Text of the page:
In 1917, Gust Keros, a Greek immigrant, opened American Coney Island on West Lafayette Street in downtown Detroit. In 1924, his brother William Keros opened Lafayette Coney Island when space opened up next door. (Things may have been tense at Thanksgiving that year). The businesses have each operated continuously in the same locations ever since, and Detroiters can be passionate about which has the better Coney.
My friends tell me American serves natural-casing made-in-Michigan beef dogs and their homemade chili is spicier, while Lafayette serves pork dogs with sweeter Valencia onions. Either way, when ordering you wanna ask for one up with everything.
All things considered, I’m going to try American Coney Island because it’s still family owned and it’s open 24/7 for that post-sponsor-party wee hours snack. Gotta plan ahead for these things.
You can get a ham sandwich just about anywhere, but ham sandwich joints are very much a Detroit thing. They are a relic of Detroit’s Motor City heyday, a working man’s lunch counter where blue-collar folks could grab a quick inexpensive bite before clocking back in at the auto factory.
Detroit ham shops also (usually) offer cheap breakfast and bean or split pea soup, but the sandwiches are the star. Whole hams are house-baked (no processed ham roll here), then sliced to order and piled high on a pillowy roll along with a slice of Swiss cheese and a smidge of yellow mustard.
Ham sandwich joints are all over the Detroit area and the names are bold: Johnny Ham King. Ham Palace. Personally, I’m hoping to squeeze in a Lyft ride to Mike’s Famous Ham Place, offering “off-the-bone goodness since 1974.”
Mike’s dozen-seat lunch counter feels like it’s from another era and the menu offers exactly four items. Everything except for the coffee has freshly carved ham in it, and it’s damn good ham. Dark-roasted caramel exterior, thickly sliced and heaped onto a soft poppyseed bun with pickle chips on the side and, adorably, an extra ham slice cap on top.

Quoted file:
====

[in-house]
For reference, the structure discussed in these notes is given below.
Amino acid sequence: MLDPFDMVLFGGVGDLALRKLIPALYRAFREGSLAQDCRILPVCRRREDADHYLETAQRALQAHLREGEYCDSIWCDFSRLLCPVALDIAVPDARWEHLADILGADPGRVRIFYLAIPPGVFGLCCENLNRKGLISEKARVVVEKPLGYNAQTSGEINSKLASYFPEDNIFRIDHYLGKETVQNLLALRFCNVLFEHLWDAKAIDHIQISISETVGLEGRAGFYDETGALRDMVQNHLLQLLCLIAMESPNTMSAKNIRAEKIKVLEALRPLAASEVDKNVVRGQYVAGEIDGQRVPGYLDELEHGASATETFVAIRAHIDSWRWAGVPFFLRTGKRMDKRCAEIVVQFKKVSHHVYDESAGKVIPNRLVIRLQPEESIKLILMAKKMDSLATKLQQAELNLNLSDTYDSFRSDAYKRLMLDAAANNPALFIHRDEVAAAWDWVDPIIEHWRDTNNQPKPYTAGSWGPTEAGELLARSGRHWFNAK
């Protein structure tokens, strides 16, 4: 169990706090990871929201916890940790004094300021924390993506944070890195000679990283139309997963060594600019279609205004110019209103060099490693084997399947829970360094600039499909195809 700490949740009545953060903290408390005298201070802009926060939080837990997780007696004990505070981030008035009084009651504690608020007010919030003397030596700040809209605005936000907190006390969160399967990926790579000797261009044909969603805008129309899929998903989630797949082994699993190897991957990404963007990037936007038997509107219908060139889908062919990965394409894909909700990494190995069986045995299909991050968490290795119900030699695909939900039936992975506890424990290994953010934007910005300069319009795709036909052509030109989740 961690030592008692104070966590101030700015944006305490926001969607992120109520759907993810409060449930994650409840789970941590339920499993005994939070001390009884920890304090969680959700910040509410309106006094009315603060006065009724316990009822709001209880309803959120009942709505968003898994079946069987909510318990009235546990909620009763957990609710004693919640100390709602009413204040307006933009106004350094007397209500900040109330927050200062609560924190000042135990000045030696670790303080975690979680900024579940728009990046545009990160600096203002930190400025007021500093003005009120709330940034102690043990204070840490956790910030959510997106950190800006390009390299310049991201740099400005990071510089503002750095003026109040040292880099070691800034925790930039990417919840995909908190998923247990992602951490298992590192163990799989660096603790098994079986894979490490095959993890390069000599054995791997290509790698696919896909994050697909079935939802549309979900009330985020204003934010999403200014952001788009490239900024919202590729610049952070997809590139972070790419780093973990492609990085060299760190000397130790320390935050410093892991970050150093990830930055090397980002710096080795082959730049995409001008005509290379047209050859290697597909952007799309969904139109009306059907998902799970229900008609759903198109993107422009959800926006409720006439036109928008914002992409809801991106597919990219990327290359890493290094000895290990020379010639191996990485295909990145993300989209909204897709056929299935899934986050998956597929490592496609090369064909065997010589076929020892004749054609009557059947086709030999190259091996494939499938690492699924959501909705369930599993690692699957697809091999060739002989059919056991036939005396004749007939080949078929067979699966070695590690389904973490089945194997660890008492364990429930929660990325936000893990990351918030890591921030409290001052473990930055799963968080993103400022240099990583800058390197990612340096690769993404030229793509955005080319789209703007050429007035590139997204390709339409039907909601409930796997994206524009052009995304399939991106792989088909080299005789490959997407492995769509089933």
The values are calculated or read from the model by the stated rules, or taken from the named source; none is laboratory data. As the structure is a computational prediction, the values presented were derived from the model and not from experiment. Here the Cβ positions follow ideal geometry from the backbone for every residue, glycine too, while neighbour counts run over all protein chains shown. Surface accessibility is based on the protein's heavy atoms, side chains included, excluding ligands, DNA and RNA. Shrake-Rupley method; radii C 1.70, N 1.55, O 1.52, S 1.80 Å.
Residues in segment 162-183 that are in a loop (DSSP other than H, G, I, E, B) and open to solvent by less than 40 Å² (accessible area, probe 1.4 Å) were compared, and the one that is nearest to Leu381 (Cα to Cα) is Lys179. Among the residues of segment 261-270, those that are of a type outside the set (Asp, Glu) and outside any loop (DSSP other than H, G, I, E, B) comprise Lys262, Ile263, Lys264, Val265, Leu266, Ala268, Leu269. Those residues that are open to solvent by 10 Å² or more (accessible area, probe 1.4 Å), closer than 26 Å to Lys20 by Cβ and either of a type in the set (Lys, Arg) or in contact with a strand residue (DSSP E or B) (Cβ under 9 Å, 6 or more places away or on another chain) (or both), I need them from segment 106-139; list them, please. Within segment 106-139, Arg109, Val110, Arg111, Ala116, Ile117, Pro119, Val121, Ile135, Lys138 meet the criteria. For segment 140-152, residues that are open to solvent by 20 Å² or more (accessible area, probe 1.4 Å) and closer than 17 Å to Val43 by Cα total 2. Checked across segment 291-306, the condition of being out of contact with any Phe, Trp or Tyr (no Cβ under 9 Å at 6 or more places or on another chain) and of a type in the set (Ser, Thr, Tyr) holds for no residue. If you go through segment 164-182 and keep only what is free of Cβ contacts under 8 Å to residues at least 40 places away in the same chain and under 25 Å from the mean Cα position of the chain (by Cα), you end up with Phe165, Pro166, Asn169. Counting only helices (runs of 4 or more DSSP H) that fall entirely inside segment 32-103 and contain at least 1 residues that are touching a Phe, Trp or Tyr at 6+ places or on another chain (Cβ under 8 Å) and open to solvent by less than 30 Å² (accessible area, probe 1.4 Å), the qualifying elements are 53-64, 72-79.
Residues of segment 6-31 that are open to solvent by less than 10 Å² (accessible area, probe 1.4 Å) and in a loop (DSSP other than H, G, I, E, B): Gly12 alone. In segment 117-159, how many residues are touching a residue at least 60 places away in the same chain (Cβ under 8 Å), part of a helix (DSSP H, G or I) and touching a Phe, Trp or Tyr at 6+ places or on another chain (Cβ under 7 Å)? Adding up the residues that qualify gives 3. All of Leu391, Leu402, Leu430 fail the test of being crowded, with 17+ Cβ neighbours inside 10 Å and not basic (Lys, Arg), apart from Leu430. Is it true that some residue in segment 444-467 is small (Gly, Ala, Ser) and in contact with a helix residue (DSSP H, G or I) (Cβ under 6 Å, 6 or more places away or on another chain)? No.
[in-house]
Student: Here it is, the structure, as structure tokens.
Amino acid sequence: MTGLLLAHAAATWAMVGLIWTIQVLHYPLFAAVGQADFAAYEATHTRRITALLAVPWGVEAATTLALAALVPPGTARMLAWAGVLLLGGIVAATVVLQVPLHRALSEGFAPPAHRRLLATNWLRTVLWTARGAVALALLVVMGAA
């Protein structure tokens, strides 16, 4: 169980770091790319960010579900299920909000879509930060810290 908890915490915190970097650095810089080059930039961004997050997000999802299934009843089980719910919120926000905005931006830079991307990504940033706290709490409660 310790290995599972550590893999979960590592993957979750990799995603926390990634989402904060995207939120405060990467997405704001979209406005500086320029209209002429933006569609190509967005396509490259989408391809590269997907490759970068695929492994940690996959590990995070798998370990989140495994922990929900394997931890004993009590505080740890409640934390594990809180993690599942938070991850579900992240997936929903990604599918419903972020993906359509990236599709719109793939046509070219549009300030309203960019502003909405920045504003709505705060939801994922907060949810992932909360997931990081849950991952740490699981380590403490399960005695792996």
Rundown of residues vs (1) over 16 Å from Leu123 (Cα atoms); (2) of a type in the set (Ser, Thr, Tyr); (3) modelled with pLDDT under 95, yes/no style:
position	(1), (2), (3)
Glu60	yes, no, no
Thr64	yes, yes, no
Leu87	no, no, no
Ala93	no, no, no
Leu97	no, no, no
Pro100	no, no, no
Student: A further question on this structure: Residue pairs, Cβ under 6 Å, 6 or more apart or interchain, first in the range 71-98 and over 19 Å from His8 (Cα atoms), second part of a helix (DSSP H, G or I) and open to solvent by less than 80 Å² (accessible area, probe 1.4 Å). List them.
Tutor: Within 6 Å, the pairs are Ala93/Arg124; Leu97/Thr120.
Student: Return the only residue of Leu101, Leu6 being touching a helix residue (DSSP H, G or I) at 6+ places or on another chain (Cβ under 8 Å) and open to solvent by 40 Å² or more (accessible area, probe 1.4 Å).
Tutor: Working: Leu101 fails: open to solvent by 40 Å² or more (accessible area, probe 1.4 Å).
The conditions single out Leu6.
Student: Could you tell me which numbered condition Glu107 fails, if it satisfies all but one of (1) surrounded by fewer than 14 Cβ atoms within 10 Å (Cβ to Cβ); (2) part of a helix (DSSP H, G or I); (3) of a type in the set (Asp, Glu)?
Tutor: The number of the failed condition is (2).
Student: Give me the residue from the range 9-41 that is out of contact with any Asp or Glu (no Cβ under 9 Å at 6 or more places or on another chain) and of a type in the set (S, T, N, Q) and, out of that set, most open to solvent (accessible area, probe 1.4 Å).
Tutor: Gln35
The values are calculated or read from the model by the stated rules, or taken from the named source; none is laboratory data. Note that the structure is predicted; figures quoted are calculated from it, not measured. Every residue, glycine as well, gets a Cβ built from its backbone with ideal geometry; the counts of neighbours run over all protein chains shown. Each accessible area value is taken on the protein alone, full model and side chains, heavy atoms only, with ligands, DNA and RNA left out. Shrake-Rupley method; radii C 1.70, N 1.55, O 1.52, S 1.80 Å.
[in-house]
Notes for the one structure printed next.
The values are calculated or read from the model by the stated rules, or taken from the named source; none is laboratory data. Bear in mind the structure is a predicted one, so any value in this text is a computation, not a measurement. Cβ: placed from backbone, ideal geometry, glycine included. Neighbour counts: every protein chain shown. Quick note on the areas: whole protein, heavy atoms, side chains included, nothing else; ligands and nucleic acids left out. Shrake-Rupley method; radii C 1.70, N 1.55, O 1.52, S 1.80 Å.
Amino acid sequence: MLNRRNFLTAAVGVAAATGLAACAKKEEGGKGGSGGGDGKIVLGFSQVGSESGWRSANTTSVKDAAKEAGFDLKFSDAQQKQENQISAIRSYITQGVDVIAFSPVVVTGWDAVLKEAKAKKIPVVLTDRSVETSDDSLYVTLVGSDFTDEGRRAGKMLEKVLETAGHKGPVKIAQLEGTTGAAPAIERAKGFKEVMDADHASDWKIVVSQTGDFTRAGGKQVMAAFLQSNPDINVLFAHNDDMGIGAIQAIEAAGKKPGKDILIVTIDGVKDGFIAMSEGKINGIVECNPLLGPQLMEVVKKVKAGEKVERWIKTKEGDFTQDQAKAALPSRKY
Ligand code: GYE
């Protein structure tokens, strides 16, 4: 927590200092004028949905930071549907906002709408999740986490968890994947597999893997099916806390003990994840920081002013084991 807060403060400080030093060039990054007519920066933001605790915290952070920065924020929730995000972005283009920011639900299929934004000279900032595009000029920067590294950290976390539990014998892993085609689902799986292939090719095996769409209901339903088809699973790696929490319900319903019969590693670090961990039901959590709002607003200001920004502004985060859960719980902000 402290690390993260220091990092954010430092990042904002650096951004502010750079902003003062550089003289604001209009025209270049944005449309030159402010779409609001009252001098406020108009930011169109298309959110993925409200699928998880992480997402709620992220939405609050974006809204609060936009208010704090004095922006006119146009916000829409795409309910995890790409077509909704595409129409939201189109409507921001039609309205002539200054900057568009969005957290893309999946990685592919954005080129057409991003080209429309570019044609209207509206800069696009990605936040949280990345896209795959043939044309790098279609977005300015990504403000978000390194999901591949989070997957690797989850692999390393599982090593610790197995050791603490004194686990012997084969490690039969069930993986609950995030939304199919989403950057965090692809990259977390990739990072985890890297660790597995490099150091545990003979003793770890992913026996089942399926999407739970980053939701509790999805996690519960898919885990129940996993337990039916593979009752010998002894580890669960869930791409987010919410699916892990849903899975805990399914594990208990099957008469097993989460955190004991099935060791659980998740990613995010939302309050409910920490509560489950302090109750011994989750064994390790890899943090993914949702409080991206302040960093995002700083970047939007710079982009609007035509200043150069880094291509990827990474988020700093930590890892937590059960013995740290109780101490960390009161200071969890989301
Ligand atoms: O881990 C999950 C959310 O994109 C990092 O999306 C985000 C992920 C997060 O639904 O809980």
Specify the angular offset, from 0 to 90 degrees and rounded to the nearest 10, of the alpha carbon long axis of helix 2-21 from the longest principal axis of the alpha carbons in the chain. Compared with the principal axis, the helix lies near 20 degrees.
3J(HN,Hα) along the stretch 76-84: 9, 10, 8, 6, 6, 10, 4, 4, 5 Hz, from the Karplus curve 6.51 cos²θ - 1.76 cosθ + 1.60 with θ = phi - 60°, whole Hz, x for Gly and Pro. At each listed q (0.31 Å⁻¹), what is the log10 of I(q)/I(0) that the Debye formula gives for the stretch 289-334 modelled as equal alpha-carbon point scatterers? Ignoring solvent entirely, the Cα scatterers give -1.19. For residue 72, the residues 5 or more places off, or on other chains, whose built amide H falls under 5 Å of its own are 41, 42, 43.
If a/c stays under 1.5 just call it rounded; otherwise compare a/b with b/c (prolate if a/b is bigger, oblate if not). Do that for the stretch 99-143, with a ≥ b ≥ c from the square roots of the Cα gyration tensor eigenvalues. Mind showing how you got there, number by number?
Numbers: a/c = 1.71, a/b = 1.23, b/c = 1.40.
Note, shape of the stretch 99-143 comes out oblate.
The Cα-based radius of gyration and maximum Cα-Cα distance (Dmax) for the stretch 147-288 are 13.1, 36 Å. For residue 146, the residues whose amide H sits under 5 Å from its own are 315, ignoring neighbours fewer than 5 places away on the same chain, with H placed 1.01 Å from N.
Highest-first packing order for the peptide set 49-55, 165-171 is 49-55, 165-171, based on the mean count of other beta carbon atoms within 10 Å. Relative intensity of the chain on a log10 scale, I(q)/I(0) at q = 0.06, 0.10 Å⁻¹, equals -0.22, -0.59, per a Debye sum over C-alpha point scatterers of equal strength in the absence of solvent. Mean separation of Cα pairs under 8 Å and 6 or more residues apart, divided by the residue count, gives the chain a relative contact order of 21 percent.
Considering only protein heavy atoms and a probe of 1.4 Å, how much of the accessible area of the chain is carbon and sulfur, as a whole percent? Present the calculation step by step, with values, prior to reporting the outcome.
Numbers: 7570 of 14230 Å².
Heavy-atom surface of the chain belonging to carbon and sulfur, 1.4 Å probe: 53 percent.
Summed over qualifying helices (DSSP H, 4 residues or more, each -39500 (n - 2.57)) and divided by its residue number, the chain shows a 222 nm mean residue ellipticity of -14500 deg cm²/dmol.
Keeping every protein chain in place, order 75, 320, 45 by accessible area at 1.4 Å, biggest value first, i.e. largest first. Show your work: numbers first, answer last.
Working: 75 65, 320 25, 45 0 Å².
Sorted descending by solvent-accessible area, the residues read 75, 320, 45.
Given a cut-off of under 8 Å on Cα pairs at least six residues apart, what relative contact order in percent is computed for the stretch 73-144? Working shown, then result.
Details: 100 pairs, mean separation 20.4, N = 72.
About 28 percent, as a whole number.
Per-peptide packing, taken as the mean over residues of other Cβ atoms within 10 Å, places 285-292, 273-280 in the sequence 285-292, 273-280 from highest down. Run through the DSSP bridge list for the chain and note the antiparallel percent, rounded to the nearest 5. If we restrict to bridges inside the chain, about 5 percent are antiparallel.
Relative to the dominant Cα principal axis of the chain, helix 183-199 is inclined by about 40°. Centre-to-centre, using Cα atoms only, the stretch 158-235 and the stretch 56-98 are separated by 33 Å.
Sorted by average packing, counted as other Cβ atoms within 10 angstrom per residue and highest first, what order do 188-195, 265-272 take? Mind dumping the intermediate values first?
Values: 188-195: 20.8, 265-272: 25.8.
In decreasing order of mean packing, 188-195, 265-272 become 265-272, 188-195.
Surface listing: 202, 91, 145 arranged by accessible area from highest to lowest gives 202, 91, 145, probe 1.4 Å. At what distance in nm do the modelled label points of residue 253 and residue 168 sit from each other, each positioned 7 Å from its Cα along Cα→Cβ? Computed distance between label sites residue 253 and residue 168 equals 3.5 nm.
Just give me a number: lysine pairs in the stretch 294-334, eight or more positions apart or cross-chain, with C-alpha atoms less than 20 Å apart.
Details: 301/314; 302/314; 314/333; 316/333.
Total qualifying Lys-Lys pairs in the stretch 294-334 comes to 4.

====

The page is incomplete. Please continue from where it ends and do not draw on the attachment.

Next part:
OK so you can eat spaghetti in just about any city on Earth, but only in Detroit can you eat it at native son and superstar rapper Eminem’s own restaurant, named for that famous line in his song “Lose Yourself.”
Mom’s Spaghetti first appeared as a Detroit pop-up shop in 2017 before becoming a fixture at Eminem’s festival performances since then. The first permanent location for Mom’s Spaghetti is basically a walk-up window carryout near Comerica Park baseball stadium, exactly one mile — or about a 20-minute walk — from KubeCon’s event site, Huntington Place.
According to acquaintances living in the 313, Mom’s Spaghetti seems to be mainly a tourist attraction, i.e. locals don’t really eat there. Maybe the reason is that the shop can only sling take-out pasta pronto because the noodles are pre-cooked, then fried up quickly with sauce. “It’s basically like spaghetti you’d make at home from a jar and it probably tastes best if you’re drunk,” one friend reports.
They also admitted that the S’Getti Sandwich ($11) — a pile of tomato-oozing pasta barely contained between two pieces of buttery white bread — is “a weirdly compelling carb-bomb.” Personally speaking, I’m entertained that Mom’s Spaghetti exists and I’m also an “8 Mile” fan, but it’s not likely I’ll have time to make the trip uptown for refried noodles. I’ll be too busy eating my hoarded hand pies.